Next, the Court addressed the 2,3-dicholoro propoxy compound. Again, the Court found that the reference where the 2,3-dicholoro propoxy compound was disclosed listed that compound as one among hundreds of examples that may have been useful for an extensive list of potential nervous system controlling activities. The Court further found that defendants had failed to establish that the prior art reference that the disclosed the 2,3-dicholoro propoxy compound provided ample motivation to narrow the prior art genus of salt-forming anions to a few species, nor did it predict the results of such narrowing. Therefore, one of skill in the art would not have selected this compound as a lead compound.

Last, the Court addressed the OPC-4392 compound. The Court dispensed with this reference by noting that it actually taught away from using it as a starting point for further antipsychotic research. Contemporaneous clinical studies established that this compound's antipsychotic action was not strong, and that at a very low dose, it was likely to cause severe side effects. Additionally, the Court found that even if this compound had been selected for further research, the modifications necessary to arrive at the aripiprazole compound were extensive, and a skilled artisan would not have known how to modify the compound to increase antipsychotic activity.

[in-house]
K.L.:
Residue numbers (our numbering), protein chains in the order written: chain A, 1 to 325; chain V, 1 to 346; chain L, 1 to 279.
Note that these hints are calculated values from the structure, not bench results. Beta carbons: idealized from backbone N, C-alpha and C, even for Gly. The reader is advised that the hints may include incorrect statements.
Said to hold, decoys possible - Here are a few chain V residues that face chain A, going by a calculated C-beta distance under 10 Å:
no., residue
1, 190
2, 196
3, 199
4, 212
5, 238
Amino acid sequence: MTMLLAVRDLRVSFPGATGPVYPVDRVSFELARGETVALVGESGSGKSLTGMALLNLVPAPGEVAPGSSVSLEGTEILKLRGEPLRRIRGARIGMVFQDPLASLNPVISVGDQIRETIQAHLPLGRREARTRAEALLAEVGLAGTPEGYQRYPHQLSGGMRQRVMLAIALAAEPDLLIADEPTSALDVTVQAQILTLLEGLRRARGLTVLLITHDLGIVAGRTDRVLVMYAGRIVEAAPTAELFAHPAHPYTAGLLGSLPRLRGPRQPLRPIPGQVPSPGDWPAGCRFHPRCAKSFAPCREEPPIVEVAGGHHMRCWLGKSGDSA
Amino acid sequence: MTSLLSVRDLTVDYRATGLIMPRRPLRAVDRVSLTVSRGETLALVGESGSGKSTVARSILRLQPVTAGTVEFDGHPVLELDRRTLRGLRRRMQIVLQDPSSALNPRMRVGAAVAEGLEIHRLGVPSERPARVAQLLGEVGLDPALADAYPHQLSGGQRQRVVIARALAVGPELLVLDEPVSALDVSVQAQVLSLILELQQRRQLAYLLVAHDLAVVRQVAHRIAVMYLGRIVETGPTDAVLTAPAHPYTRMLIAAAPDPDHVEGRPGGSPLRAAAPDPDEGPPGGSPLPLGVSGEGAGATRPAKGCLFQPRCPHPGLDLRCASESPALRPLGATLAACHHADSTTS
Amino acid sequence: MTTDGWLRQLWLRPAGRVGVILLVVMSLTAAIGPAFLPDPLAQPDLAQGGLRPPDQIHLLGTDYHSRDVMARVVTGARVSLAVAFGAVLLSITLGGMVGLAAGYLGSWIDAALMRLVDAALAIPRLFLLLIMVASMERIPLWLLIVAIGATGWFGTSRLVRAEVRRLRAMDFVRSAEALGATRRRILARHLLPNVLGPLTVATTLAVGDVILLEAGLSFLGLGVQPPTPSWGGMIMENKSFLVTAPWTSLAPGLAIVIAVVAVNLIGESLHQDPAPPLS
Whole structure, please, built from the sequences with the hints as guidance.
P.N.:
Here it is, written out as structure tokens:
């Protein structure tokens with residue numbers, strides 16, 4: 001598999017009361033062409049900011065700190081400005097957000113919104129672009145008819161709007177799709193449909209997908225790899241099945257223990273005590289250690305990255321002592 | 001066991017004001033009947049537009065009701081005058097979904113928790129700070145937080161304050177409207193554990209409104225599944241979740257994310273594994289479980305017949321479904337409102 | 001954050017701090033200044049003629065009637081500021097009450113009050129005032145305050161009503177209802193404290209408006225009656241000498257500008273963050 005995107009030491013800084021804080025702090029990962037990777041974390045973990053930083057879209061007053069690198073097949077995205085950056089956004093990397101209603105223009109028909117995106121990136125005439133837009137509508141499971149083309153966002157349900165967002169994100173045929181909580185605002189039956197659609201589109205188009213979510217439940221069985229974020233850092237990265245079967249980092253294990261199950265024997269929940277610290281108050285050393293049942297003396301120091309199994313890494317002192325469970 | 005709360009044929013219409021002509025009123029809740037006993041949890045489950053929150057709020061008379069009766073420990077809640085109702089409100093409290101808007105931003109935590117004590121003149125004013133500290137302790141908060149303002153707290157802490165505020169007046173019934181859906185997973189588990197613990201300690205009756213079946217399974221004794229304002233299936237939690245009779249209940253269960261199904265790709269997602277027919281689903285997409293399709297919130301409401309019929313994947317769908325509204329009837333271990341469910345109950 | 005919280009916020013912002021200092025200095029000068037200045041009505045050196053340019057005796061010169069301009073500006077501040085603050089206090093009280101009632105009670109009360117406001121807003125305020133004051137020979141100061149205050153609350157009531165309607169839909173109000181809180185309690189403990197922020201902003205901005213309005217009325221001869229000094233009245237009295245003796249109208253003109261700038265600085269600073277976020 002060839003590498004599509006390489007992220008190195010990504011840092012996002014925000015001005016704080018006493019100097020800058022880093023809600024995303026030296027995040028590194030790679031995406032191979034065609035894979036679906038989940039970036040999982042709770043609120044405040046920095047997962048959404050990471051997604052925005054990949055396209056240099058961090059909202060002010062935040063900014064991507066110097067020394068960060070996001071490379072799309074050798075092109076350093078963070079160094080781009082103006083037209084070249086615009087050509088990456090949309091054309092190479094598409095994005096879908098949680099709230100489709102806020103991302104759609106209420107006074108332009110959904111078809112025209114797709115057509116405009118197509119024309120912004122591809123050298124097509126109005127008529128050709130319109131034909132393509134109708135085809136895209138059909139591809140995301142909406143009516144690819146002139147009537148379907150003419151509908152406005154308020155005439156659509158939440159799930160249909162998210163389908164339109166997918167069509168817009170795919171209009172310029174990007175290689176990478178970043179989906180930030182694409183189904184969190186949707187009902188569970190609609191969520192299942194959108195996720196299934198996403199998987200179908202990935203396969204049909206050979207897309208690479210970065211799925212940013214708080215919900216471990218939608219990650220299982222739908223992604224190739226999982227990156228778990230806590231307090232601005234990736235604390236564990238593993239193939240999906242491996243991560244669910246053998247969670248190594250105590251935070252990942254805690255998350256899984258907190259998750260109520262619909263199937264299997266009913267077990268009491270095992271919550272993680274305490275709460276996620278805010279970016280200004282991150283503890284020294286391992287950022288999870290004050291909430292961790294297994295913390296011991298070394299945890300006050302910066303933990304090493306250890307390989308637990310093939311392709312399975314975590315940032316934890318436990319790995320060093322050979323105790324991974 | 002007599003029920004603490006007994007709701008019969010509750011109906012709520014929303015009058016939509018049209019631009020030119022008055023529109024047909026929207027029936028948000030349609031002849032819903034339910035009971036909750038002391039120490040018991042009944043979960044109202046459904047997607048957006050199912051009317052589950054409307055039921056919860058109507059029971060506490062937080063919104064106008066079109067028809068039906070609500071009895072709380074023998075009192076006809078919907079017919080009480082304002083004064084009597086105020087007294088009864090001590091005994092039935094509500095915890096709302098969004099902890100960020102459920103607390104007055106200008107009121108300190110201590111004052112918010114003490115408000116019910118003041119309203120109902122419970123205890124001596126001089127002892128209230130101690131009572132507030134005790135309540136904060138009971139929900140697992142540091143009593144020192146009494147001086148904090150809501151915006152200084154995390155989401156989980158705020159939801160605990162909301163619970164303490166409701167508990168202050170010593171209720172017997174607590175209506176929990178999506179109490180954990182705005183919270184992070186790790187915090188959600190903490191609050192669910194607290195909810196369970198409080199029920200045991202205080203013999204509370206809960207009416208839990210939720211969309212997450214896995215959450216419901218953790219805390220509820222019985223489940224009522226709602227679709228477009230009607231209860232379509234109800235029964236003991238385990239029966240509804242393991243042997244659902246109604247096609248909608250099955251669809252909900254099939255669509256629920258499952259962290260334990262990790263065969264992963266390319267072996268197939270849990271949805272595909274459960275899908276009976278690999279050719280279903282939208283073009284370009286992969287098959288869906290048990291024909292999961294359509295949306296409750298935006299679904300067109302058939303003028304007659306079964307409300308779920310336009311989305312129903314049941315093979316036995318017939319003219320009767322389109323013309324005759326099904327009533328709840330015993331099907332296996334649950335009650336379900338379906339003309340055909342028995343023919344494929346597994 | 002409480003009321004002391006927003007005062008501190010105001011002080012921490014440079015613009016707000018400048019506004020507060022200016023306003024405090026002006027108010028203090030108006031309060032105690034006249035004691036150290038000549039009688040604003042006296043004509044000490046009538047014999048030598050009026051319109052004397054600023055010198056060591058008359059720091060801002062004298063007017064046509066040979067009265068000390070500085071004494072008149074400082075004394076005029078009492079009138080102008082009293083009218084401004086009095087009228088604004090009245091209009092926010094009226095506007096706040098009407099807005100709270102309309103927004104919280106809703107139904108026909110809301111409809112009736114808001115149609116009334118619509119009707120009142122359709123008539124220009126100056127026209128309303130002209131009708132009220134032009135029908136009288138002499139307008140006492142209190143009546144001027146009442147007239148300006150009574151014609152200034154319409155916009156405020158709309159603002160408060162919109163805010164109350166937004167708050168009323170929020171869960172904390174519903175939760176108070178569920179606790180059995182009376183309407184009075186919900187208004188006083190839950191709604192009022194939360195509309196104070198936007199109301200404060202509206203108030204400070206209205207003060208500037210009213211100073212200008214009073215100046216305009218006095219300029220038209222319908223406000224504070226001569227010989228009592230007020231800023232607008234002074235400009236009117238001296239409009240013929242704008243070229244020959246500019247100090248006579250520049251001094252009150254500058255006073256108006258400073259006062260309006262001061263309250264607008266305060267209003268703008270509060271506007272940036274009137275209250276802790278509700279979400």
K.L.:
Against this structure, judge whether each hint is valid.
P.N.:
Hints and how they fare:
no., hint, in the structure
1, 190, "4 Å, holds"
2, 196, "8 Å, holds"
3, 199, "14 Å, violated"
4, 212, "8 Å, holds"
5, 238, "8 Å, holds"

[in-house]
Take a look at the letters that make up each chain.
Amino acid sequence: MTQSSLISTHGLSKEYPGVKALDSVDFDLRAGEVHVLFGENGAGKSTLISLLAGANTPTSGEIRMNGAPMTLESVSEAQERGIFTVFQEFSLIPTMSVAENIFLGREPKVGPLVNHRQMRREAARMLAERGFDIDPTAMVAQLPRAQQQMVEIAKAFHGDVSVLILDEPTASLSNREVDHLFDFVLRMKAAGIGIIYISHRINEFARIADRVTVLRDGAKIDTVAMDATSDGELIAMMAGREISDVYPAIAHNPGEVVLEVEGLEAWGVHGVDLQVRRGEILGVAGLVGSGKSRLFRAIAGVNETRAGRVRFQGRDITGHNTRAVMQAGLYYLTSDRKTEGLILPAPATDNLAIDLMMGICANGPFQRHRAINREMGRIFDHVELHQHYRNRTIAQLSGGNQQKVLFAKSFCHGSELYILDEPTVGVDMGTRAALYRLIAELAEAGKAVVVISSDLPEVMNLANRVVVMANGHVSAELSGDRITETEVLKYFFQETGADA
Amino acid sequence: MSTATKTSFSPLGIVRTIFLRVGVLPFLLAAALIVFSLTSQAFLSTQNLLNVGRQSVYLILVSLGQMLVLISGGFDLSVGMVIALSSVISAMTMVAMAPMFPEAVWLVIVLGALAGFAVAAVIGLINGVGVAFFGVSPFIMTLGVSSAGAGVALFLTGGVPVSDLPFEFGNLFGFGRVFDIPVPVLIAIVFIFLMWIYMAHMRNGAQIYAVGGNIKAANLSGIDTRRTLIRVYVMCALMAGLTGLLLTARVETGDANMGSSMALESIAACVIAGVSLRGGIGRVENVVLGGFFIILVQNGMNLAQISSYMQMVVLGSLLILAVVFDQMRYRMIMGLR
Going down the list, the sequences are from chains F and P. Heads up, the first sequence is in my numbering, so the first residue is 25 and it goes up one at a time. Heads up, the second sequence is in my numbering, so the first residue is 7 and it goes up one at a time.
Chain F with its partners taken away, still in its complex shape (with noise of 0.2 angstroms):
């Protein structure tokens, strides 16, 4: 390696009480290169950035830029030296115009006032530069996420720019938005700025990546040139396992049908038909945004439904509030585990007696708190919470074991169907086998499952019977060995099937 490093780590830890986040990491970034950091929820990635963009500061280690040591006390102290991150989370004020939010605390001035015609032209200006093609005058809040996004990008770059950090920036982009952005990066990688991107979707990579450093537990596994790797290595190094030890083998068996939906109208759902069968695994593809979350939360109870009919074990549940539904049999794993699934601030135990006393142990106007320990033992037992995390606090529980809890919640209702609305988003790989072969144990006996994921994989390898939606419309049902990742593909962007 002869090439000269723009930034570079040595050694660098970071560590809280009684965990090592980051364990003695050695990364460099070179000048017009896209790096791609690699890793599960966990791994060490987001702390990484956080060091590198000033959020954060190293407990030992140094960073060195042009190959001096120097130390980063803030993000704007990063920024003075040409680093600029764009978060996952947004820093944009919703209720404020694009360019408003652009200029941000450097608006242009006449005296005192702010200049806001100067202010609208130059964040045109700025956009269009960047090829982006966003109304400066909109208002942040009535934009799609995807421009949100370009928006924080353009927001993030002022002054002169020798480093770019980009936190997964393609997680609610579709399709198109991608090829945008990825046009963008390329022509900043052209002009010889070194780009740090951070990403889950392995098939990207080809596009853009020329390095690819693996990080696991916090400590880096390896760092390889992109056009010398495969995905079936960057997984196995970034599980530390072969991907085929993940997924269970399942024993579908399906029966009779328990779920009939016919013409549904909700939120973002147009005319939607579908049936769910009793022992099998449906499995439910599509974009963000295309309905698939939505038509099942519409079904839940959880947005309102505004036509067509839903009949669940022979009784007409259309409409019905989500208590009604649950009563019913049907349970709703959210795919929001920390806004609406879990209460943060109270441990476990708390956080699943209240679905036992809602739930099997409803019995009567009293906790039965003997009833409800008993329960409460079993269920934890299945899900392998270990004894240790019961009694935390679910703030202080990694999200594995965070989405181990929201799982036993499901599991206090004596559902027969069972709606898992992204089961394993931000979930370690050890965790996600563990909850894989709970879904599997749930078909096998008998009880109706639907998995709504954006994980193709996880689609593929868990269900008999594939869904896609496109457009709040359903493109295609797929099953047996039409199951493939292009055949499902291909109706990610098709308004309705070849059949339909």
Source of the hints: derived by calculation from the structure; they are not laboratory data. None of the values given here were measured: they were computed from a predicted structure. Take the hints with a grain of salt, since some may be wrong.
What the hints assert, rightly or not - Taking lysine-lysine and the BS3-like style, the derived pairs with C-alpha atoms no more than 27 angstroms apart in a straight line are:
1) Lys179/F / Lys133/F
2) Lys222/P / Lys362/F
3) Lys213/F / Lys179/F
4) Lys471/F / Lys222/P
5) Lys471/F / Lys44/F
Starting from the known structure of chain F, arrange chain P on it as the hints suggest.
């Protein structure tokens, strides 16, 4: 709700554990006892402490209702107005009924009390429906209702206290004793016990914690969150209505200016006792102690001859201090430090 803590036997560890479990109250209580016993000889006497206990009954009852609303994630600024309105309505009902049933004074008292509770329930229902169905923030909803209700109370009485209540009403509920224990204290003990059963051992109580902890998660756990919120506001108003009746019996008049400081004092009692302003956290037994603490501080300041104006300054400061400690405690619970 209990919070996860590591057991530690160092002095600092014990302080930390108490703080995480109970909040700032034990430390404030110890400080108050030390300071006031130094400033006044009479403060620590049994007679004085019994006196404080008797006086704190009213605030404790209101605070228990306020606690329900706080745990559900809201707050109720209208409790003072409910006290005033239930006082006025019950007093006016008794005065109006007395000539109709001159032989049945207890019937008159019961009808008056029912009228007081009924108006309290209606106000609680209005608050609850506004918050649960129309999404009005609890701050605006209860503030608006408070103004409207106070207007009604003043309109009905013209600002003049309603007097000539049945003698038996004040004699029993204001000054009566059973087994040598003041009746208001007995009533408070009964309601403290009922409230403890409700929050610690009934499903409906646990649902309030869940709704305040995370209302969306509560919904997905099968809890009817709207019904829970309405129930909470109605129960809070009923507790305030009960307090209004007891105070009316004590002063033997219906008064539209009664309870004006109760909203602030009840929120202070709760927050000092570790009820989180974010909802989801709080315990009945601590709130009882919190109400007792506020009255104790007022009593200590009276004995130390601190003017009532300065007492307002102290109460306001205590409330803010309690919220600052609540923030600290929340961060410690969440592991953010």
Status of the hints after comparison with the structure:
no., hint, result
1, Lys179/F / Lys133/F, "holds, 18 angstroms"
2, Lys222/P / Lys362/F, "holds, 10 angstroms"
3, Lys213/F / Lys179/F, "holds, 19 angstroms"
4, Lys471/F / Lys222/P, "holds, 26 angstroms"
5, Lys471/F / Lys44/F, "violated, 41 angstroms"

Concerning defendants' nonstatutory double patenting argument, the Court found that while the analyses of obviousness and nonstatutory double patenting were similar, important distinctions exist. Specifically, the patent underlying a double patenting rejection need not be prior art. Additionally, when analyzing obviousness-type double patenting in cases involving claimed chemical compounds, the issue is not whether a skilled artisan would have selected the earlier compound as a lead compound. This is because the analysis must focus on the earlier claimed compound over which double patenting has been alleged, whether it is a lead compound or not. Defendants cited to cases implying that finding a motivation to combine references is unnecessary. But the Federal Circuit held that the cases defendants cited involved anticipation, which does not require an analysis of a motivation to combine references, as required under an obviousness determination. Defendants argued that it would have been obvious to start with the unsubstituted butoxy compound and substitute out the hydrogen atoms at the 2- and 3-positions with chlorine atoms to make aripiprazole. The Court rejected this argument, noting that evidence before the district court clearly established that there was a high degree of unpredictability in antipsychotic drug discovery as of the priority date of the '528 patent, and that antipsychotic research at the time was notoriously unsuccessful. Additionally, the Court noted that even though 2-3-dichloro substituted compounds were disclosed in the prior art, there was no indication that they had antipsychotic properties. The Court held that because the prior art would not have provided one of ordinary skill in the art with a reason or motivation to make aripiprazole from the unsubstituted butoxy compound, it was unnecessary to consider Otsuka's evidence of secondary considerations.